April 9, 2010
On April 8, the lords who pretend to represent the people in Britain (instead of large corporations and banks) passed the Digital Economy bill. The bill sets the stage for enforcing draconian measures for internet users. CNet UK runs down the down side. I summarize.
You will be restricted from accessing copyrighted material without paying for it, a no-brainer really since this was the presumed reason for the bill — or the excuse to get it passed. “The bill aims to make it more difficult to access copyrighted content, by blocking Web sites built around sharing such material. From the other side, the bill creates sanctions that can be applied to you, the user, should you be caught with your fingers in the copyright cookie jar,” writes CNet.
A fan of Download.com, the software site? Too bad. You might use software (peer-to-peer, bit torrent, etc.) available on the site to download copyrighted stuff. Say good bye to Download.com if you’re a Brit.
Google may fall under this provision as well. After all, you can use a search engine to locate hacker tools and peer-to-peer software. Get used to the absurd idea of a seachless internet. Or a search engine that does what search engines do in China — massive filtering. Of course, this will slow any search engine down to a crawl. Hello 1996 and the dial-up world.
- A d v e r t i s e m e n t
Napster is out of the question, even though it is now legal (and struggling to survive). Past malefactors will be punished for sins of the father. Napster will likely soon go the way of the Brontosaurus.
Not surprisingly, the bill effectively outlaws WikiLeaks. I mean, after all, how can the commoners in merry old England expect the government to allow them to see what it or other governments do behind closed parliament doors? WikiLeaks has yet to post anything seriously jeopardizing national security. But then that misses the point. If you want to read WikiLeaks, you’ll have to migrate to Iceland. Ditto if you want to use a non-filtered Chinese-like (courtesy of Google) search engine.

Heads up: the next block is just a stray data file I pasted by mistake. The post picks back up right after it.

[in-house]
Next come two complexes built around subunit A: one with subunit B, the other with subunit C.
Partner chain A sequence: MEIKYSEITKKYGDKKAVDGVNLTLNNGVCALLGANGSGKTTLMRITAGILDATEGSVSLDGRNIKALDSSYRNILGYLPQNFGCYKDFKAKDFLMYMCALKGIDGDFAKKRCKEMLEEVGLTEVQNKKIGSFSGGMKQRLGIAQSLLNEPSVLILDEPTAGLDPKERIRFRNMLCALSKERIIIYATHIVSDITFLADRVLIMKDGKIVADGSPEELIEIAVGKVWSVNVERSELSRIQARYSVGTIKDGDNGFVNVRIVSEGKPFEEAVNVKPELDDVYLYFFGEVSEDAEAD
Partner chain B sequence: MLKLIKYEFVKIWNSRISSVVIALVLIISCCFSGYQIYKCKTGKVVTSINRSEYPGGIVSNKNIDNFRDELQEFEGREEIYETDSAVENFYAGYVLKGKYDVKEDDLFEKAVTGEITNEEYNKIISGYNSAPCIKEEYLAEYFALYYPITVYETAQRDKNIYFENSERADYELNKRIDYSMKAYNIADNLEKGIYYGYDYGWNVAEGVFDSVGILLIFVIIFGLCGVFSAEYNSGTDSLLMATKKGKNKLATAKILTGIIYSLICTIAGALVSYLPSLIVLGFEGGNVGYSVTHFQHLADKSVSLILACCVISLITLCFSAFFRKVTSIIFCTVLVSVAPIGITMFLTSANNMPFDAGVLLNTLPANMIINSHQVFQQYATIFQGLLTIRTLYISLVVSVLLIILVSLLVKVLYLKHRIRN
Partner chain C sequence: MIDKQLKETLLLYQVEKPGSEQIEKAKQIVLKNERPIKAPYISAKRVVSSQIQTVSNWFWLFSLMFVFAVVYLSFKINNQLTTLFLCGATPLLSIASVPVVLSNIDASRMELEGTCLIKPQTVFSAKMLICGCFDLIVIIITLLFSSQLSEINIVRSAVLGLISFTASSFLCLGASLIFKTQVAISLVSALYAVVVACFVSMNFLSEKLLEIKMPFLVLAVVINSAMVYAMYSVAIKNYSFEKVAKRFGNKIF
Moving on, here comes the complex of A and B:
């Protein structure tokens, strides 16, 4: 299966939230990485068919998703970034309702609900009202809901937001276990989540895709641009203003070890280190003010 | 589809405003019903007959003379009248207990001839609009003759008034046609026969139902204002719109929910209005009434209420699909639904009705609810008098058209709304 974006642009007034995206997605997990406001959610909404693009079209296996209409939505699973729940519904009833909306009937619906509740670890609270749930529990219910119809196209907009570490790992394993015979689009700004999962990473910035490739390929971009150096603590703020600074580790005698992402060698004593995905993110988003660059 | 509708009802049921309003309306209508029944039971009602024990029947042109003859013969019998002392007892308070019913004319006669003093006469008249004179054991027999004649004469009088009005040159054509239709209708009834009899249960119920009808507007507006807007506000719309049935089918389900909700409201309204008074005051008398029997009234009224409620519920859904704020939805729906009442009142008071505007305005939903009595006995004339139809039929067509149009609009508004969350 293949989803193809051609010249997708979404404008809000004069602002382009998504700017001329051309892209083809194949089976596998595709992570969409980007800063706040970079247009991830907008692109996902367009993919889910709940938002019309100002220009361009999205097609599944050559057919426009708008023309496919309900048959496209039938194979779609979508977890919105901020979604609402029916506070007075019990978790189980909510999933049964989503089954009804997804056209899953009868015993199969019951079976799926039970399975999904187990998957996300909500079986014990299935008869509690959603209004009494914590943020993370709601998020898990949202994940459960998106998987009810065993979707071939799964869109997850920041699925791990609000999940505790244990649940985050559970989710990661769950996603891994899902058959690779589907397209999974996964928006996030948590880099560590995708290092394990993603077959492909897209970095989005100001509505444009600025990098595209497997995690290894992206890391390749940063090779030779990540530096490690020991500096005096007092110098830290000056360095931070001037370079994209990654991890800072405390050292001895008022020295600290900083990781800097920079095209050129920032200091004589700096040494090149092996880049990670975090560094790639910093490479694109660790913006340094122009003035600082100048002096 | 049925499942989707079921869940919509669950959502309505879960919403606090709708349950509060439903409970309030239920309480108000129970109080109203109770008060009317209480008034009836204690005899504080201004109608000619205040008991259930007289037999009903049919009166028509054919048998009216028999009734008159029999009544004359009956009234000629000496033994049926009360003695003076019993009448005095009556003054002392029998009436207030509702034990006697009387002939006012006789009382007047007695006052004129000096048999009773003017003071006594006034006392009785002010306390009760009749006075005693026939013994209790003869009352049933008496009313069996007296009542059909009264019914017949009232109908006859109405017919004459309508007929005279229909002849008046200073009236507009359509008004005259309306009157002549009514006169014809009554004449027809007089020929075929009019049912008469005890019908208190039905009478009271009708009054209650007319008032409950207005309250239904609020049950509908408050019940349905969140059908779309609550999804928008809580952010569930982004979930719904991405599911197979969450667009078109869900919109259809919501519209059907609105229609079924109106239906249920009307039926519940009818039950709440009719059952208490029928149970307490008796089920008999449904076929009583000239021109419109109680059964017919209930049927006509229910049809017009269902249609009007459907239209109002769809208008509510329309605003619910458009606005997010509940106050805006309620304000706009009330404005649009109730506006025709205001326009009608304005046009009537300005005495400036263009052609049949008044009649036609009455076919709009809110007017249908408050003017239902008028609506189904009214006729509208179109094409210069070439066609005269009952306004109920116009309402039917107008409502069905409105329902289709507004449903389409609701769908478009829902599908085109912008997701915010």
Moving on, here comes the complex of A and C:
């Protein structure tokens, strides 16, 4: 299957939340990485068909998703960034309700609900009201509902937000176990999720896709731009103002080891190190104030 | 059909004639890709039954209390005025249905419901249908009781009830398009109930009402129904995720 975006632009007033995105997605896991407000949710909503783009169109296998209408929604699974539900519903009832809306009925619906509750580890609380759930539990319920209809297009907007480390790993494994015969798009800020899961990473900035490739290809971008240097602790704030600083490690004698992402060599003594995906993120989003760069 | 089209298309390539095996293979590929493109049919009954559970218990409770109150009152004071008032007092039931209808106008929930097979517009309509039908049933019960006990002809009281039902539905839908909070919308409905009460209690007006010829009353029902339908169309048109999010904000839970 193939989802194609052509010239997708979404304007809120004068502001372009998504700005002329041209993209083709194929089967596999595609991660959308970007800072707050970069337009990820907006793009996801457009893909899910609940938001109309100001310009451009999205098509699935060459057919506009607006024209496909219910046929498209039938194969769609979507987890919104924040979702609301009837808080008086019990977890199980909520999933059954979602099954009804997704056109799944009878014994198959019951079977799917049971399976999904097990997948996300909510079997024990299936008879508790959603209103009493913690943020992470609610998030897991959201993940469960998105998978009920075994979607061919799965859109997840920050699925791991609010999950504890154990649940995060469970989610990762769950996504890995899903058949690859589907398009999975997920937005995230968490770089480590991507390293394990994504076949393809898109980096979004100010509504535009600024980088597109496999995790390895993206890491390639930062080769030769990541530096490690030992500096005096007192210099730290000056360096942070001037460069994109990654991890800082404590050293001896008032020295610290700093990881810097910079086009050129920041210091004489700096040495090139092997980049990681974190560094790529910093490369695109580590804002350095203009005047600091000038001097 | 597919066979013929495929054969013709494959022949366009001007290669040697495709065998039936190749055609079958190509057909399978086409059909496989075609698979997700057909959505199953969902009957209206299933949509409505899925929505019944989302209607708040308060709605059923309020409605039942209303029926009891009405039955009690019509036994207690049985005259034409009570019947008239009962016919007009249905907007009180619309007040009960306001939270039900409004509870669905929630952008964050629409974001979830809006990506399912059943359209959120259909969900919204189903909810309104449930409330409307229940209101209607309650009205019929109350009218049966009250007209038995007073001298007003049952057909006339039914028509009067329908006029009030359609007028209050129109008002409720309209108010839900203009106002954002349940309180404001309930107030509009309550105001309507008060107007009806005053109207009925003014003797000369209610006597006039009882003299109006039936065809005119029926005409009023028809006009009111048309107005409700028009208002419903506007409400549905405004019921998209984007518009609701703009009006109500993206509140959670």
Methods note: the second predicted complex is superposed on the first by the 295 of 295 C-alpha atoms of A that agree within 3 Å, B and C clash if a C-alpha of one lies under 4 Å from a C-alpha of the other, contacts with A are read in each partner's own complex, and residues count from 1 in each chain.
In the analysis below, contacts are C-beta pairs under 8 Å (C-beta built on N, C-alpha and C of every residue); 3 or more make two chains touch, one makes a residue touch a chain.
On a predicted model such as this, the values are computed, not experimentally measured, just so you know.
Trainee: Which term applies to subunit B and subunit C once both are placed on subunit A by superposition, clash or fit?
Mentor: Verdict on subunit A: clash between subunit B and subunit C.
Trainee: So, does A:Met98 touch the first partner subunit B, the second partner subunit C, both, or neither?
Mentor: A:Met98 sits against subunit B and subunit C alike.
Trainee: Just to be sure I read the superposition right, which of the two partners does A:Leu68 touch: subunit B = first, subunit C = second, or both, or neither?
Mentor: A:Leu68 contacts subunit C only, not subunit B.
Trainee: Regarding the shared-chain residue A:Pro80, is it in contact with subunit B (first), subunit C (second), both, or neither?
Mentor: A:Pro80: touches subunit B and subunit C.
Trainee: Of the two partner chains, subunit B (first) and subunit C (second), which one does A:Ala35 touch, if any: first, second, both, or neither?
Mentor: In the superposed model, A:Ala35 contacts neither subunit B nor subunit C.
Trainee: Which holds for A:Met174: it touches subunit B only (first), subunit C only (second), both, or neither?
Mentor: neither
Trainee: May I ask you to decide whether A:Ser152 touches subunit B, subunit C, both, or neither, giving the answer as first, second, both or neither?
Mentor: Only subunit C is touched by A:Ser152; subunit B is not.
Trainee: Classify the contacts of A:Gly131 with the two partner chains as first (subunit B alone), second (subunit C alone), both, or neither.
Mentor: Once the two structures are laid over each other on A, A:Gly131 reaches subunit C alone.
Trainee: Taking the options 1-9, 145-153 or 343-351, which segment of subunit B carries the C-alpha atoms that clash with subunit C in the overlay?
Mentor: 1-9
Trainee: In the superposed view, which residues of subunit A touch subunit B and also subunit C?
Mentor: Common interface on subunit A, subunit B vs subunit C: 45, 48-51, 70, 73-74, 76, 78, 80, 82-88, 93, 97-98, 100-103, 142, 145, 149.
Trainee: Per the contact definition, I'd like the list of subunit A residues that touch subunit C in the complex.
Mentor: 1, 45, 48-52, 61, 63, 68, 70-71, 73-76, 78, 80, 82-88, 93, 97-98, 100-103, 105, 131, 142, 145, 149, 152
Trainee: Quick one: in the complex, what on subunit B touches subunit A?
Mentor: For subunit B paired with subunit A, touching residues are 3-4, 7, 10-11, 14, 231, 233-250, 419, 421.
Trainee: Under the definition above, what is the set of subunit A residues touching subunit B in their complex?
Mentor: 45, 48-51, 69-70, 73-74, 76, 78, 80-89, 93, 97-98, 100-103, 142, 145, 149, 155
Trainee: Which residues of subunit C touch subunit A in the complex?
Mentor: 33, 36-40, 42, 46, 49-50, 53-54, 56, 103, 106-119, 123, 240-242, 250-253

No open Wi-Fi. How can you expect big corporate ISPs to make any money if you are getting on the internet free at the local pub or coffee shop? The bill does not actually outlaw Wi-Fi — it merely imposes on people who run these networks the legal responsibility to monitor their users who may be accessing copyrighted material. No sane business person will want to take the risk. Fait accompli.
Are you naughty — or maybe politically incorrect? If you were banned from one ISP for doing something wrong – watching flicks you did not pay for — you may as well get accustomed to the world of un-connectivity because the law will prevent you from going to another ISP. You will be on a black list. For now this is limited to getting caught accessing copyrighted material, but in the Brave New World of England’s police state it does not take a lot of imagination to imagine thousands of people banned from the internet for political or social reasons.
If you think the Digital Economy bill will be confined to Britain, think again — eventually nearly every police state scheme implemented there finds its way to the states. Ask Chicago about its London-like CCTV arrangement. Check out the green police now getting their start the same way bin cops and town snoops have done for some time in Britain. Big corporations and government are chomping at the bit not only to impose such restrictions here — they are also eager to tax the internet so only those of us with a degree of disposable income will be able to use it.
Will government kill the goose that laid the golden electronic egg?